As sure as music artists will try to be unique, there will always be situations that bring doubt onto the best tagging/naming methods. The general rule of thumb is to stay as close to the artist’s intentions as possible. Here are a few specific situations, though:

File Formats w/o Tagging Capabilities

FLAC, wav, and other common file types may not have ID3 information as part of the file data. Any good audio player will default to the old methods of collecting data – the filename and order as determined by the OS. The entire reason that we worry about correctly naming files and placing them in specific folders is because of these awkward file-types, and so the players can gather what information they can from the context clues. If possible, try tagging weird file types with the usual mp3 information, but if the information does not stick hopefully the player will figure out the rest.

Artist Changes Name

There are a few accounts of an artist releasing an album under one name, but then changing their name later and retroactively applying the new name to the old material. How to handle this is simple- use the name of the artist at the time of release to know what to tag it with. If the album is re-released later we can use the new name, but otherwise that original release should be directly tied to the name it was released under.

Extra Album/Track Information

Some tracks and albums *need* to be tagged with an extra bit of information, but we have already eliminated all of the tags except the essential ones. Say for instance a band re-releases an album in another country with bonus songs. The name is the same, but it cannot be *exactly* the same in our file structure or the OS will not accept it. In this case, we denote the extra information in the folder/file name within square brackets. “2001 – Awesome Album [Japanese Release]” would be an acceptable example, and within the track names we could have something such as “08 – Best Song on the Album [Live]”. The main concept to gain from this section is that pertinent information should not be placed in tags, but rather in the file/folder names within square brackets thus explaining it is not the official title but that extra information is needed.

Different Mediums

Some albums we may have multiple releases of in different mediums, such as a 24 bit vinyl rip or a cassette release. Just as we did in the above section, we need to denote this in the folder name with brackets- “2011 – The Best II_ Return of the Best [Vinyl]”. We do not denote CD releases because they should be the “master” release, or the release in which all others are compared to. Furthermore, because vinyl and cassette tapes usually use A and B notation for the side, we must use that same notation within our tagging.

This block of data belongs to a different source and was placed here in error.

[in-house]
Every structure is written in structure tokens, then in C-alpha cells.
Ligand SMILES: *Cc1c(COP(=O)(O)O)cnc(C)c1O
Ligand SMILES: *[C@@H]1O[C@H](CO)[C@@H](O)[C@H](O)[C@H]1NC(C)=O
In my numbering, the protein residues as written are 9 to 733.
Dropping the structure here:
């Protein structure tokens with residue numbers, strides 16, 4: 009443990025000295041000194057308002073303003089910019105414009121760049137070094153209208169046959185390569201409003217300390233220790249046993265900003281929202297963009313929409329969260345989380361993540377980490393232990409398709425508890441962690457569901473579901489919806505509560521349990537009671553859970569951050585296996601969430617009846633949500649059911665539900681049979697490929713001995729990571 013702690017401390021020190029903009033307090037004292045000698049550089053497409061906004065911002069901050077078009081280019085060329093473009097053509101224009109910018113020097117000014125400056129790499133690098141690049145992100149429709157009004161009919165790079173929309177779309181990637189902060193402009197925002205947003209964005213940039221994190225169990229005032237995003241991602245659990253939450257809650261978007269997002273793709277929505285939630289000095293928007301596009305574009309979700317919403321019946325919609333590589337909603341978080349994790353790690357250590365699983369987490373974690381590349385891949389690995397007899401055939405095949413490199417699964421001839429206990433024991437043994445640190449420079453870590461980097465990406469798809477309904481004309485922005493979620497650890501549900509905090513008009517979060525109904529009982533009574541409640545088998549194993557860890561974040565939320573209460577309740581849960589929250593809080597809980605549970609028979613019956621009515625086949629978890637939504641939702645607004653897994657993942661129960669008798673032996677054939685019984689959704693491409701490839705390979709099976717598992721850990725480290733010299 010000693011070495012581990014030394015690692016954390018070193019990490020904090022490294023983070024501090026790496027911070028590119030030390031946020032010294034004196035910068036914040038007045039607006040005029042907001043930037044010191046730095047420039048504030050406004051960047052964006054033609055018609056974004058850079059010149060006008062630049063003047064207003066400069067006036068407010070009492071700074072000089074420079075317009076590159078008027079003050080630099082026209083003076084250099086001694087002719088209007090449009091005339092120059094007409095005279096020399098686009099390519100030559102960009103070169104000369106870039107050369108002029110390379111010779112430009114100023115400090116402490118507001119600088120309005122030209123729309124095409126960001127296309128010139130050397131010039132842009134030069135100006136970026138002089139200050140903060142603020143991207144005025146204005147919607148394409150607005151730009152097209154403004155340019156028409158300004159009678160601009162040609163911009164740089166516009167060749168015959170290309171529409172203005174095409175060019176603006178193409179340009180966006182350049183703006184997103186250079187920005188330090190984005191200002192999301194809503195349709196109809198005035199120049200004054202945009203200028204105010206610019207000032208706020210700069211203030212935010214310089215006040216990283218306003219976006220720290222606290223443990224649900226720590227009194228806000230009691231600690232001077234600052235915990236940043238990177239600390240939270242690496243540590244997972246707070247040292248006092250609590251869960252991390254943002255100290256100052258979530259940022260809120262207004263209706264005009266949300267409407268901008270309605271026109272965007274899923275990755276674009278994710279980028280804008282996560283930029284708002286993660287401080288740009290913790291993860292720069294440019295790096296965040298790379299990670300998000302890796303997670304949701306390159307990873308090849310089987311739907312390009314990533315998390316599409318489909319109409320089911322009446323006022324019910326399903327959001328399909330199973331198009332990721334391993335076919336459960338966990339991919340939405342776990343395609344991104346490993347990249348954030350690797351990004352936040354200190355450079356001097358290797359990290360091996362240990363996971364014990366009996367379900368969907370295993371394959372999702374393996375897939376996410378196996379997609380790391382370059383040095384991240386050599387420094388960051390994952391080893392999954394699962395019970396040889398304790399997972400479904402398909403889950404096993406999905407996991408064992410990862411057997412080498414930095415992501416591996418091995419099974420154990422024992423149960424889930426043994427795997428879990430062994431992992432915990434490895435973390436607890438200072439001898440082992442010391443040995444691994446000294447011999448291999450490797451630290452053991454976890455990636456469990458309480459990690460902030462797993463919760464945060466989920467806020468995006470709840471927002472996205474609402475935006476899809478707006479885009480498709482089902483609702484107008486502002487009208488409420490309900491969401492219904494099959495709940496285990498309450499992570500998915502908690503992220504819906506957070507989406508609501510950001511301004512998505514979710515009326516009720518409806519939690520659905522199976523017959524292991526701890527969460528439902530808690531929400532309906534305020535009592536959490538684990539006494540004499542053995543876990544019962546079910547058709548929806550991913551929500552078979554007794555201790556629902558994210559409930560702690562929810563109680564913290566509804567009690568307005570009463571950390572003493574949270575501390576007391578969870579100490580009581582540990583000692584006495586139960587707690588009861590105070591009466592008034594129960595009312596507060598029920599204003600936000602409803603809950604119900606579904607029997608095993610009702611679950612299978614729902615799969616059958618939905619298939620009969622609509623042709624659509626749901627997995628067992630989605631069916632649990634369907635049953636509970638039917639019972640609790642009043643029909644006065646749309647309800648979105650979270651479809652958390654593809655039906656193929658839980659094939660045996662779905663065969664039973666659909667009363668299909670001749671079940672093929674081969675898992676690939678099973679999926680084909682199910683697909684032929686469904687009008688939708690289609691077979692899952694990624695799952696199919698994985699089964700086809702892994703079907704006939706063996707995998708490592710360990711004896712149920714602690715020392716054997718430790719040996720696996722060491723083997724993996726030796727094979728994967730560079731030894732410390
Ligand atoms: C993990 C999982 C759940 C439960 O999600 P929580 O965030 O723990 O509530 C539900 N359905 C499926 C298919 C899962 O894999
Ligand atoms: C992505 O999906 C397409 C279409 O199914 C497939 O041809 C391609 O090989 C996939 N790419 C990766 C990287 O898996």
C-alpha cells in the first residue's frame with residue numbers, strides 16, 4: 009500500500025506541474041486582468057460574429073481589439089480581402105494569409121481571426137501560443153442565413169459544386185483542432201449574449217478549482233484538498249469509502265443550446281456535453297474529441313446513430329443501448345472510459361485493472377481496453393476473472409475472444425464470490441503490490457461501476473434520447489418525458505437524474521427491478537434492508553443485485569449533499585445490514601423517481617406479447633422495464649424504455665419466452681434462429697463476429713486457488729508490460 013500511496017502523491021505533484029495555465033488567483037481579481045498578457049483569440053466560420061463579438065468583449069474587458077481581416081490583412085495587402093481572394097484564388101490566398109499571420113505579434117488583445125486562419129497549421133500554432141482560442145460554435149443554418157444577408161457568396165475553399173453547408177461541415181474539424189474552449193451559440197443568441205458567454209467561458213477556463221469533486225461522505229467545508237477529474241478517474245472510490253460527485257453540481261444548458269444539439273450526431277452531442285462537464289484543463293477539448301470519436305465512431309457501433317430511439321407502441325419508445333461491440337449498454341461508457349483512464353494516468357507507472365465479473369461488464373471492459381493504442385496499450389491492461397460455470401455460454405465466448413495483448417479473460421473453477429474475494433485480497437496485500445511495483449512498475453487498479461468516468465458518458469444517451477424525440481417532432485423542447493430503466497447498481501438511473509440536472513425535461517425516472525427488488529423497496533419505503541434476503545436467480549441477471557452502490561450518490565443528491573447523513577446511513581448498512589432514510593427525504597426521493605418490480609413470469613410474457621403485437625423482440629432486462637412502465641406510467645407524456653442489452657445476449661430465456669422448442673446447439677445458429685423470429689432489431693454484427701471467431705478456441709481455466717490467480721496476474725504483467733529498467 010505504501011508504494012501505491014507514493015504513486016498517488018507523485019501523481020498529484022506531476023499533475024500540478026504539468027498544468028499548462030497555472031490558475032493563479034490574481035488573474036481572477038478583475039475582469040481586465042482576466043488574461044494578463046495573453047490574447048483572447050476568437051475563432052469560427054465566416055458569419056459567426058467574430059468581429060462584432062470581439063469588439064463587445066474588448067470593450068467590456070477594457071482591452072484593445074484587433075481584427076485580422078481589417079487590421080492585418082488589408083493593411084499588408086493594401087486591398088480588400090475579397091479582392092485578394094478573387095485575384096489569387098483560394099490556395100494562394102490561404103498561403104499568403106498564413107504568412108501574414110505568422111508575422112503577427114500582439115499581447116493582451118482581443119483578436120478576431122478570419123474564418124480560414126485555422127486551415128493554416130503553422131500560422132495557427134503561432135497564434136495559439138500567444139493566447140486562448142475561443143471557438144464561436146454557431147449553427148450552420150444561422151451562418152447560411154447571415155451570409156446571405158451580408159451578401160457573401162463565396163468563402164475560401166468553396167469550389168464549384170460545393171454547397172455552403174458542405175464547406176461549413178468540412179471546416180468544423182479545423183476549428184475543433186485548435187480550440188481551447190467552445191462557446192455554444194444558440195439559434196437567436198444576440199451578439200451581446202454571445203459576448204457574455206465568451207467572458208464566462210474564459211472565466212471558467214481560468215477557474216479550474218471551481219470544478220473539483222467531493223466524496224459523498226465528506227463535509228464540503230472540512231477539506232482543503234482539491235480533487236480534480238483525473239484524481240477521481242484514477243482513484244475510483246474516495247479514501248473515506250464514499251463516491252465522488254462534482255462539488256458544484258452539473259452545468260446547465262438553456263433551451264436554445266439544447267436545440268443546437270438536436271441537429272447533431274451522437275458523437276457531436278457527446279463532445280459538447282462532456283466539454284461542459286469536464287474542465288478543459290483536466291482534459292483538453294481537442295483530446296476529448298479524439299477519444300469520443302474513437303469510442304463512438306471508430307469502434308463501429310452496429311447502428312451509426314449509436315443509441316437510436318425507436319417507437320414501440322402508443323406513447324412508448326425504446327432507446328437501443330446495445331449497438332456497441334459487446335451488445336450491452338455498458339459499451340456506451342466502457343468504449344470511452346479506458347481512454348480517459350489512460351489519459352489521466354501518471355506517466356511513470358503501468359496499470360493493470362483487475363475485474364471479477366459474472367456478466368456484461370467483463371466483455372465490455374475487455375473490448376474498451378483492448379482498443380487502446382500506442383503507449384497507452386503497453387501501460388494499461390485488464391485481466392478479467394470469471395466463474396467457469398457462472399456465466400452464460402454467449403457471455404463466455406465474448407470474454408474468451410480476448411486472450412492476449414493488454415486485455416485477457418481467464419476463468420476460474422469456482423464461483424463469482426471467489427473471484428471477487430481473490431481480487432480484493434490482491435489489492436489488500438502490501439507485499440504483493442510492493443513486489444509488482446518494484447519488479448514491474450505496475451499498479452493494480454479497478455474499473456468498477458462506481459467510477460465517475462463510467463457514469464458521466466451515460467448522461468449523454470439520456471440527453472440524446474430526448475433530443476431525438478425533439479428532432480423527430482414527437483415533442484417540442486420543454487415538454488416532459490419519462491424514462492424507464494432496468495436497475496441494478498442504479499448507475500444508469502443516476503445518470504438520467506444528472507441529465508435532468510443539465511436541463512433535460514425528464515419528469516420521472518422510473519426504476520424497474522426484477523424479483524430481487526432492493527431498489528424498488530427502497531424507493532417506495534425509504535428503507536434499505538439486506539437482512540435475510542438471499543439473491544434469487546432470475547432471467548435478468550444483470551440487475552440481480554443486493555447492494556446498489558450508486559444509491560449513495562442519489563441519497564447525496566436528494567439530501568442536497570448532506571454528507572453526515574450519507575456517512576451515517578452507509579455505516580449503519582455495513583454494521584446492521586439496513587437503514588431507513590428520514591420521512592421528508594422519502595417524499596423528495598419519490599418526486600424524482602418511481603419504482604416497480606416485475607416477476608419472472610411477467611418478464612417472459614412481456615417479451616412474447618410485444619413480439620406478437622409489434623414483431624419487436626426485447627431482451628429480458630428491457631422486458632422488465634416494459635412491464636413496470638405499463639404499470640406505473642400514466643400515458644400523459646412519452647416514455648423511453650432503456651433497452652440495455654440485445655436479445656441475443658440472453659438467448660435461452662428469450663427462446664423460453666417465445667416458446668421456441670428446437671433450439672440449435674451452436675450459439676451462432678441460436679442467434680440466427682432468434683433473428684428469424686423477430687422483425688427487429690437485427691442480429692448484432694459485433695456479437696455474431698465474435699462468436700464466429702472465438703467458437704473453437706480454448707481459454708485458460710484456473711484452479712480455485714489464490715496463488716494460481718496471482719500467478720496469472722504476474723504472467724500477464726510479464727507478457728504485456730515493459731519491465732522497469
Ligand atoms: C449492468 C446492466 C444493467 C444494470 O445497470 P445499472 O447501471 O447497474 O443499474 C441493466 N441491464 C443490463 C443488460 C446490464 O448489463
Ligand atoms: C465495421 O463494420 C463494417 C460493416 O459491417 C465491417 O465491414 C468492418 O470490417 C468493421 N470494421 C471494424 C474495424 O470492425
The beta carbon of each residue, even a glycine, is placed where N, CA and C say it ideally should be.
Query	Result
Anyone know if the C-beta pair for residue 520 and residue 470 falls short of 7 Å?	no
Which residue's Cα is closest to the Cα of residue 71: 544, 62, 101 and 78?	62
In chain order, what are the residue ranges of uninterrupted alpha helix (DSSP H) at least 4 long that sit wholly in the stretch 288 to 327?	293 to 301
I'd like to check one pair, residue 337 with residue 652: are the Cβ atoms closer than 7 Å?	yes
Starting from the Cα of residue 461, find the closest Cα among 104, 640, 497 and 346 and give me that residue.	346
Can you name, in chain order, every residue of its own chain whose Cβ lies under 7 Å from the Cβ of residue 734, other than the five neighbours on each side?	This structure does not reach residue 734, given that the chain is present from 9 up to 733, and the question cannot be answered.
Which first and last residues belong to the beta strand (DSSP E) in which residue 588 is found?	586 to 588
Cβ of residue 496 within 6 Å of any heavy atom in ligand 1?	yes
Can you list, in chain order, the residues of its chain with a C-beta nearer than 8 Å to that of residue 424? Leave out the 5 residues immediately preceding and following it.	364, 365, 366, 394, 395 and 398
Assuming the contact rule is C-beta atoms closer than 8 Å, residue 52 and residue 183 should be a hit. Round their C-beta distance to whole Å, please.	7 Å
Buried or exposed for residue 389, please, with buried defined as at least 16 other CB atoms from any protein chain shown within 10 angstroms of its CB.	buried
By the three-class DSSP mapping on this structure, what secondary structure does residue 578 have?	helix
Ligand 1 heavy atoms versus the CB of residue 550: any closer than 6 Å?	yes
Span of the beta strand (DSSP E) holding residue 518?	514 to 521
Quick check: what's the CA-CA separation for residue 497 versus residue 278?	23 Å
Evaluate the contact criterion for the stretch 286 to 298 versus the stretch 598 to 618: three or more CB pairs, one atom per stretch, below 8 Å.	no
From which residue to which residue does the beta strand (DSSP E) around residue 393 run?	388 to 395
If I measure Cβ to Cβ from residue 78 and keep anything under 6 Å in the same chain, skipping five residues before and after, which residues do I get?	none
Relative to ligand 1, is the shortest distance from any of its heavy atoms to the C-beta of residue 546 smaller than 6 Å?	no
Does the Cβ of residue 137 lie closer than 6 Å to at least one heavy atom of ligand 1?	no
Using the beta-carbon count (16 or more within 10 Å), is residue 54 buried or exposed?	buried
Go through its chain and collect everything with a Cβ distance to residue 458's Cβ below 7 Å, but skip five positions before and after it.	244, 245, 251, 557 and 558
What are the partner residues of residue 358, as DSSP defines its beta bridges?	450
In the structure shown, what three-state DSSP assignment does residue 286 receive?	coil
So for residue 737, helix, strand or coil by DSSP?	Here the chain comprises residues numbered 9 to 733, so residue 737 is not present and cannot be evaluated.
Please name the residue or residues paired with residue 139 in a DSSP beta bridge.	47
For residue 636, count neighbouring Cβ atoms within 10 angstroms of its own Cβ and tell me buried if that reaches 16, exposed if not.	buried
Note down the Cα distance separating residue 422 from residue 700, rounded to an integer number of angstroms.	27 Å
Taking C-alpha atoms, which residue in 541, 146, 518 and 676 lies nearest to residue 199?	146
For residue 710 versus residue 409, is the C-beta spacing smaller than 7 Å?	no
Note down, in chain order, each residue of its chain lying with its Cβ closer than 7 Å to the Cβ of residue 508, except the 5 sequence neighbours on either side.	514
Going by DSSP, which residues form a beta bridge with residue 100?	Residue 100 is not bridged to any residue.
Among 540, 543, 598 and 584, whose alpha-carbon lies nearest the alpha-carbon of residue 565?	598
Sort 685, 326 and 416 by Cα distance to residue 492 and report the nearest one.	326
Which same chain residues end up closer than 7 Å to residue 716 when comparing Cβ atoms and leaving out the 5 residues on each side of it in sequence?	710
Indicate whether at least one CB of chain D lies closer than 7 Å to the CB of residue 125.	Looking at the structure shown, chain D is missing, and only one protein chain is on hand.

Splits

Splits, or releases done by multiple artists should be labeled separately from the individual artists. The folder name should have both artists included, such as “Band, The & Buck Naked”. The artist appearing first should be the “main” artist, or the artist whose record label produced the release. If this information is unavailable or there is doubt, the written order should be the order they appear in the track. Single tracks with guest artists (such as those commonly done in hip hop) should not have separate releases in tagging or file names unless the artist specifically denotes it. In most cases square brackets will suffice- “02 – Hippidy Hop [feat. Young Hoppy]”, but if the song is actually called “02 – Hippidy Hop feat. Young Hoppy” then leave out the brackets.

Compilations and Soundtracks

Single artist compilations and greatest hits collections should be treated as albums. Record label samplers and multiple artist compilations are tricky, but it is probably best that they be put into a [Compilations] artist folder with album titles within. Moreover, soundtracks should be placed into a [Soundtracks] artist folder with “1999 – Movie Name” as the album folder titles. Tag compilation and soundtrack albums with the correct artist names, but the album title should be the movie soundtrack name or compilation title.
singles

Singles

Singles should be treated as albums, because they are indeed releases. See below for unreleased singles.

Un-categorized or Loose Tracks

Finally, tracks that were never released or leaked albums should be categorized as though they were official but with a [Leak] or [Unreleased] in the folder/title filename.

Conclusion

Correctly tagging our music collections is not only important, it determines the quality of our digital music for future generations. Whether your media player is a mess, or whether you are sick of searching through your downloads folder for the exact tune you want, consider tagging and naming your music with the correct conventions.

 

TL;DR

Tagging music is stupid
Sources and further reading:
what.cd
http://id3.org/

Installing a EurAsia 8-Pin MM3 Modchip (5501 and 1001 PS1) (Video)

This week, Thomas and I try out the EurAsia 8-Pin modchip for PS1 systems. With this modchip, your PlayStation can play backup discs, run homebrew programs, and games outside of your console’s region.

The EurAsia 8-pin MMC is often the first result when searching for these IC’s online, but are they worth the relatively cheap price? Within this video we install chips into a 5501 PS1 and a 1001 PS1 to test the chip’s effectiveness.